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Hardware Maintenance Manual: xSeries 330

Select this choice to configure startable device parameters. Before you can make updates, you must know the ID of the device whose parameters you want to configure.

SCSI Device Configuration

Select this choice to configure SCSI device parameters. Before you can make updates, you must know the ID of the device whose parameters you want to configure.

Note:

The Maximum Sync Transfer Rate represents the transfer rate for Ultra

SCSI devices.

– The transfer rate for Ultra3 SCSI LVD devices is 160.0

The transfer rate for Ultra2 SCSI LVD devices is 80.0

The transfer rate for Fast SCSI devices is 20.0

Advanced Configuration Options

Select this choice to view or change the settings for advanced configuration options.

SCSI Disk Utilities

Select this choice to view the SCSI IDs that are assigned to each device or to format a SCSI device.

To use the utility program, select a drive from the list. Read the screens carefully before making a selection.

Note:

If you press Ctrl+A before the selected drives are ready, an Unexpected

SCSI Command Failure screen might appear. Restart the server and watch the SCSISelect messages as each drive spins up. After the drive that you want to view or format spins up, press Ctrl+A.

Using the Preboot eXecution Environment boot agent utility program

The Preboot eXecution Environment (PXE) boot agent is a built-in, menu-driven configuration utility program that you can use to:

Change network startup (boot) protocols

Change startup (boot) order

Select whether or not to display setup prompt

Set menu wait time

Select OS wake up support

Starting the PXE boot agent utility program

The following sections provide the instructions needed to start the PXE Boot Agent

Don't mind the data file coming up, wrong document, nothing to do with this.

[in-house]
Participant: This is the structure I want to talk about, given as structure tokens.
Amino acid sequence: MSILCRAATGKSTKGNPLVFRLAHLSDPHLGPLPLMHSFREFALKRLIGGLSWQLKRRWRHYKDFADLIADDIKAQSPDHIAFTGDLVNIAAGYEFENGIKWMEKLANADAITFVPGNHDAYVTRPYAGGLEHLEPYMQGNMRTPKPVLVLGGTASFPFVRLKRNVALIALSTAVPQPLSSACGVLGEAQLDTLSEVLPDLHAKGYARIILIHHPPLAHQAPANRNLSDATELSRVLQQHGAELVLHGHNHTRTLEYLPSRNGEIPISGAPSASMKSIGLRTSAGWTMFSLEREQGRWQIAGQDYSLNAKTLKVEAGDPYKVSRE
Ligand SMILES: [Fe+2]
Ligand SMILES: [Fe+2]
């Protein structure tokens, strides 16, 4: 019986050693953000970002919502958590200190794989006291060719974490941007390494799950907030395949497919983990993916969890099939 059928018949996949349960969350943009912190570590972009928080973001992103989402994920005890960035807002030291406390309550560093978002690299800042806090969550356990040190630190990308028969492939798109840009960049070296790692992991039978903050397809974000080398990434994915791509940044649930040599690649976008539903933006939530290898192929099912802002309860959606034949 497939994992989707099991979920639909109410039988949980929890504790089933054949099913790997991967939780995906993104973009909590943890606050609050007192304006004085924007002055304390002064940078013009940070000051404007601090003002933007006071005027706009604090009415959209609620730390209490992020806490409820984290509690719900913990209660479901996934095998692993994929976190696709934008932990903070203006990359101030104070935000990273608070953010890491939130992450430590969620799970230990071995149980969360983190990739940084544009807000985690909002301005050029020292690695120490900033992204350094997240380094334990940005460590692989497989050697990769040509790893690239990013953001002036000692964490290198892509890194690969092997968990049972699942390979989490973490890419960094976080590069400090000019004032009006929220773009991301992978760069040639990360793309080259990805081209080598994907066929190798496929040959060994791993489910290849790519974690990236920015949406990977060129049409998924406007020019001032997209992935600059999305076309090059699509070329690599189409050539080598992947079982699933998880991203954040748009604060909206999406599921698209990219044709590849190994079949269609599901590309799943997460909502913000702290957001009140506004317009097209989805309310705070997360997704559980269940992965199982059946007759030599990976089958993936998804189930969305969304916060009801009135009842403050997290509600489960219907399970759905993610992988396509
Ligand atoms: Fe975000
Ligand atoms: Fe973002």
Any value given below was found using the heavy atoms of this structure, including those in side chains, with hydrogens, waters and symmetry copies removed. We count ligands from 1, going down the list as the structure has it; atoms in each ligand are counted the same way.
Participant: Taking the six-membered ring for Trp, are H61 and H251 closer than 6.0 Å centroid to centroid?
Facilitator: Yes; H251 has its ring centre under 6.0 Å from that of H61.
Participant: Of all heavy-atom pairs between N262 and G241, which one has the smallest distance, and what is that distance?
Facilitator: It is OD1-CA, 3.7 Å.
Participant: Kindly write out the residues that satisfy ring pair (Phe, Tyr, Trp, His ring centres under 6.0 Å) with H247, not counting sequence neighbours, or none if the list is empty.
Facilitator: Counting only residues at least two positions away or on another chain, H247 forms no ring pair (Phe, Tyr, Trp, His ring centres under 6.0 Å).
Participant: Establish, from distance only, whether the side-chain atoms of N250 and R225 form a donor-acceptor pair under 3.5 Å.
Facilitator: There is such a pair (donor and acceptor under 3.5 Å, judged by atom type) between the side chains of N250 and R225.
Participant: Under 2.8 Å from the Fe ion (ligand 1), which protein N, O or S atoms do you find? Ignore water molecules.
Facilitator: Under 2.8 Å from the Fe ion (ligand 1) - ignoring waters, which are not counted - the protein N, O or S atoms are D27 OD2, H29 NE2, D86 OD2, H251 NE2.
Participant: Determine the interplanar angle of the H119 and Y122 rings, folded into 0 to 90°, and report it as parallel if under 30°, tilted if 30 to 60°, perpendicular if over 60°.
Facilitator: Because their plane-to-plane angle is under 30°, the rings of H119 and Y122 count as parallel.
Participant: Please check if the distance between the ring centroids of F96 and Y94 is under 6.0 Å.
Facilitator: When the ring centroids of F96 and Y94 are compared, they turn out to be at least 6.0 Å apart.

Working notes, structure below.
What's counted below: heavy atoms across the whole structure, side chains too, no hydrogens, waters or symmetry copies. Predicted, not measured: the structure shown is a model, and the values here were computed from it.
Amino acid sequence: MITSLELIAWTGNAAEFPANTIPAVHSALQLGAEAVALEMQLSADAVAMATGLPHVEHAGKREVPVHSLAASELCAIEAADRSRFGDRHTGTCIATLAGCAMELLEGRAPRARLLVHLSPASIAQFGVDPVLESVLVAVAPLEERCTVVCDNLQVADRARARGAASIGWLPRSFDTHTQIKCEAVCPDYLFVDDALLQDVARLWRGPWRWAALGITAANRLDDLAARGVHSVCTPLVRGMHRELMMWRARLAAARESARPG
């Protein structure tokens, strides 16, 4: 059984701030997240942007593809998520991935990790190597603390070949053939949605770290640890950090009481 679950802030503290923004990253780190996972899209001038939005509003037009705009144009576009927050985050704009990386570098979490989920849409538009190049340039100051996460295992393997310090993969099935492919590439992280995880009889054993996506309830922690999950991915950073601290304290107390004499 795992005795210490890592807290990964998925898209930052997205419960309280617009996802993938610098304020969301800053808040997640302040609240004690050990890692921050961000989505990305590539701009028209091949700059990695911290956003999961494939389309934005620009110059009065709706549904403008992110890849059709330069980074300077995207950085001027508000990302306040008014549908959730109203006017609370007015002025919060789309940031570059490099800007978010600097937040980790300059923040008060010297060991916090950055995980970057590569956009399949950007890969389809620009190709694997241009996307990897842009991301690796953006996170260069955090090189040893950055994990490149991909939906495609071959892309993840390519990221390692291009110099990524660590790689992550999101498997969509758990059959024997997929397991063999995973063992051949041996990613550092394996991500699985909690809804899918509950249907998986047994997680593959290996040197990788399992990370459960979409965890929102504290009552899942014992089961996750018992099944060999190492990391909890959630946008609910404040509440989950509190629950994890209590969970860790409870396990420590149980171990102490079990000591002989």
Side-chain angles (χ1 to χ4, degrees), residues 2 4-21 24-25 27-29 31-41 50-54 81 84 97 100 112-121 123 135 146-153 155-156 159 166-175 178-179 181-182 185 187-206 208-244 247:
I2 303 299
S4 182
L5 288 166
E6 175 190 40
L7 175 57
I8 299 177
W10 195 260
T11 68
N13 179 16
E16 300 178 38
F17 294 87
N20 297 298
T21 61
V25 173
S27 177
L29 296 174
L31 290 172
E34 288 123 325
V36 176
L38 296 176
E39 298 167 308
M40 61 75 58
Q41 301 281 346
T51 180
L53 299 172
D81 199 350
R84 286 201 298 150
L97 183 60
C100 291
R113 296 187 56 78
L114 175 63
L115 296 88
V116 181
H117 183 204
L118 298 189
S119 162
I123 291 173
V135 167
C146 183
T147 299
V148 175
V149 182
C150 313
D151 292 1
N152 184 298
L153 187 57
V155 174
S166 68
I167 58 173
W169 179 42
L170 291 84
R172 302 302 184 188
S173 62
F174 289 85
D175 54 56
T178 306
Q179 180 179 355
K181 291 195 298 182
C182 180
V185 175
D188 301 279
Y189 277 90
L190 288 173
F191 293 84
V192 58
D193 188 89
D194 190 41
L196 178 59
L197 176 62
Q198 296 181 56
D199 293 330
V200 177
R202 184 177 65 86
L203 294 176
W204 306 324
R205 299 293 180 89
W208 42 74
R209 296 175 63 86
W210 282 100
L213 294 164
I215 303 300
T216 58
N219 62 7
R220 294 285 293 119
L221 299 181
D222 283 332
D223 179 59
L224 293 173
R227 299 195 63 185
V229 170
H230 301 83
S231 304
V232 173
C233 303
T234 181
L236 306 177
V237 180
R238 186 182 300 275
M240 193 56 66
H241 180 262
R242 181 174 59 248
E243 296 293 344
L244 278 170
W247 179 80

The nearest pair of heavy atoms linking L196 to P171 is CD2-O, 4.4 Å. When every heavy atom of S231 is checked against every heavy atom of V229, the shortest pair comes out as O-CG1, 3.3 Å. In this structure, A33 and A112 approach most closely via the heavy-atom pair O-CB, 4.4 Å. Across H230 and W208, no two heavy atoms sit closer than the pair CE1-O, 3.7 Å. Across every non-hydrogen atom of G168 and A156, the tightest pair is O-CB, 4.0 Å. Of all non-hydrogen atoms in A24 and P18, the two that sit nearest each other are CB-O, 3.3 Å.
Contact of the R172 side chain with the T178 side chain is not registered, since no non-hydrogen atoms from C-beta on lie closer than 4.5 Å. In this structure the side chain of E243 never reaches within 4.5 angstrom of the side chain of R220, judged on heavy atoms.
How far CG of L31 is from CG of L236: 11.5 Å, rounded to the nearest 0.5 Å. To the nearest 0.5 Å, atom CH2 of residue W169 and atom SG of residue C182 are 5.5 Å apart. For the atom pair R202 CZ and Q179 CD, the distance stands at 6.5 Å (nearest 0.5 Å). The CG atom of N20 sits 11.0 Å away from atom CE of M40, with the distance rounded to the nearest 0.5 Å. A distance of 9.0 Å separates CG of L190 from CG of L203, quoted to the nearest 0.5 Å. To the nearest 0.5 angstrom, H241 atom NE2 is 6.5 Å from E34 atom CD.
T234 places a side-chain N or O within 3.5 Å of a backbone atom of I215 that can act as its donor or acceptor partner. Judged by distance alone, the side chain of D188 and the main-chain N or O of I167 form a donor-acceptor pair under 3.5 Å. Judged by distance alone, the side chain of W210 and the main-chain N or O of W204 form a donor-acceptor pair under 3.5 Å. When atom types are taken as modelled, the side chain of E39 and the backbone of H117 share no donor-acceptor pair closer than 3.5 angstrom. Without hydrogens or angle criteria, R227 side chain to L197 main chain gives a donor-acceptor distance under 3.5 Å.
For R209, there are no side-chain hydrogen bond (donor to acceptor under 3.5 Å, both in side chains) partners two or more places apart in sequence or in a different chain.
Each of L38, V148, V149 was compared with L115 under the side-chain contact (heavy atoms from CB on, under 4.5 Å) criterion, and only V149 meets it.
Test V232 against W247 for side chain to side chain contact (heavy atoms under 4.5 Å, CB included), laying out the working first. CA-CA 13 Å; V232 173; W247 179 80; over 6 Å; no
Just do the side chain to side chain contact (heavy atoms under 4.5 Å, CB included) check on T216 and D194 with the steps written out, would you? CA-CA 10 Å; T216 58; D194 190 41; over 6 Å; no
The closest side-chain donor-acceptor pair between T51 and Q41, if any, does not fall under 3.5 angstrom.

Utility and descriptions of the menu choices available.

To start the PXE Boot Agent Utility program:

1.

2.

Turn on the server.

When the Initializing Intel (R) Boot Agent Version X.X.XX

PXE 2.0 Build XXX (WfM 2.0)

prompt appears, press Ctrl+S.

Chapter 4. Configuring the server

37

3.

4.

Note:

By default you will have 2 seconds after the prompt appears on the screen to press Ctrl+S.

Use the arrow keys or press Enter to select a choice from the menu.

• Press Esc to return to the previous menu.

• Press the F4 key to exit.

Follow the instructions on the screen to change the settings of the selected items; then, press Enter.

Choices available from the PXE boot agent utility

The following choices appear on the PXE boot agent utility menu:

Network Boot Protocol

PXE is the default value for this menu item.

Note:

Do not change this value. There are no other network boot protocols supported.

Boot Order

Select this choice to change the order in which boot devices are queried.

— Try local drives first, then network (Default)

— Try network only

— Try local drives only

— Try network first, then local drives

Show setup prompt

Select this choice to either display the PXE setup prompt or disable it. Disable is the default setting.

When this choice is enabled Press Ctrl+S to enter the setup menu will appear on the screen under the initializing prompt.

Setup time wait menu

Select this choice to set up the amount of time (in seconds) that the system will pause during initialization for a Ctrl+S input.

— 2 seconds (Default)

— 3 seconds

— 5 seconds

— 8 seconds

Legacy OS wake up support

Select this choice to allow/disallow a non-windows operating system to use adapter remote wake up capability.

— Disabled (Default)

— Enabled

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Hardware Maintenance Manual: xSeries 330

Chapter 5. Installing options

This chapter provides instructions to help you add options to the server. Some option-removal instructions are provided, in case you need to remove one option to install another. For a list of supported options for the server, see the Server Proven list at: http://www.ibm.com/pc/compat

Major components of the xSeries 330 server

The following illustration shows the locations of major components in the server.

Clip

Terminator card

Memory module

Clear shield

Air baffle

Heatsink

Microprocessor

Fans

Light Path

Diagnostics

Hard disk drive filler panel

Hard disk drive

© Copyright IBM Corp. 2000

39

System board

The illustrations in the following sections show the components on the system board.

System board options connectors

The following illustration identifies the connectors on the system board.

Management port

(J53)

Serial port A

(J52)

Serial port B

(J51)

C2T (out) port (U61)

C2T (in) port (U38)

USB 2 port (J15)

USB 1 port (J13)

RS-485 (Advanced

System Management interconnect) ports (J5)

Ethernet ports (J1)

PCI slot 2

64 bit

33 MHz (J23)

BIOS code page jumper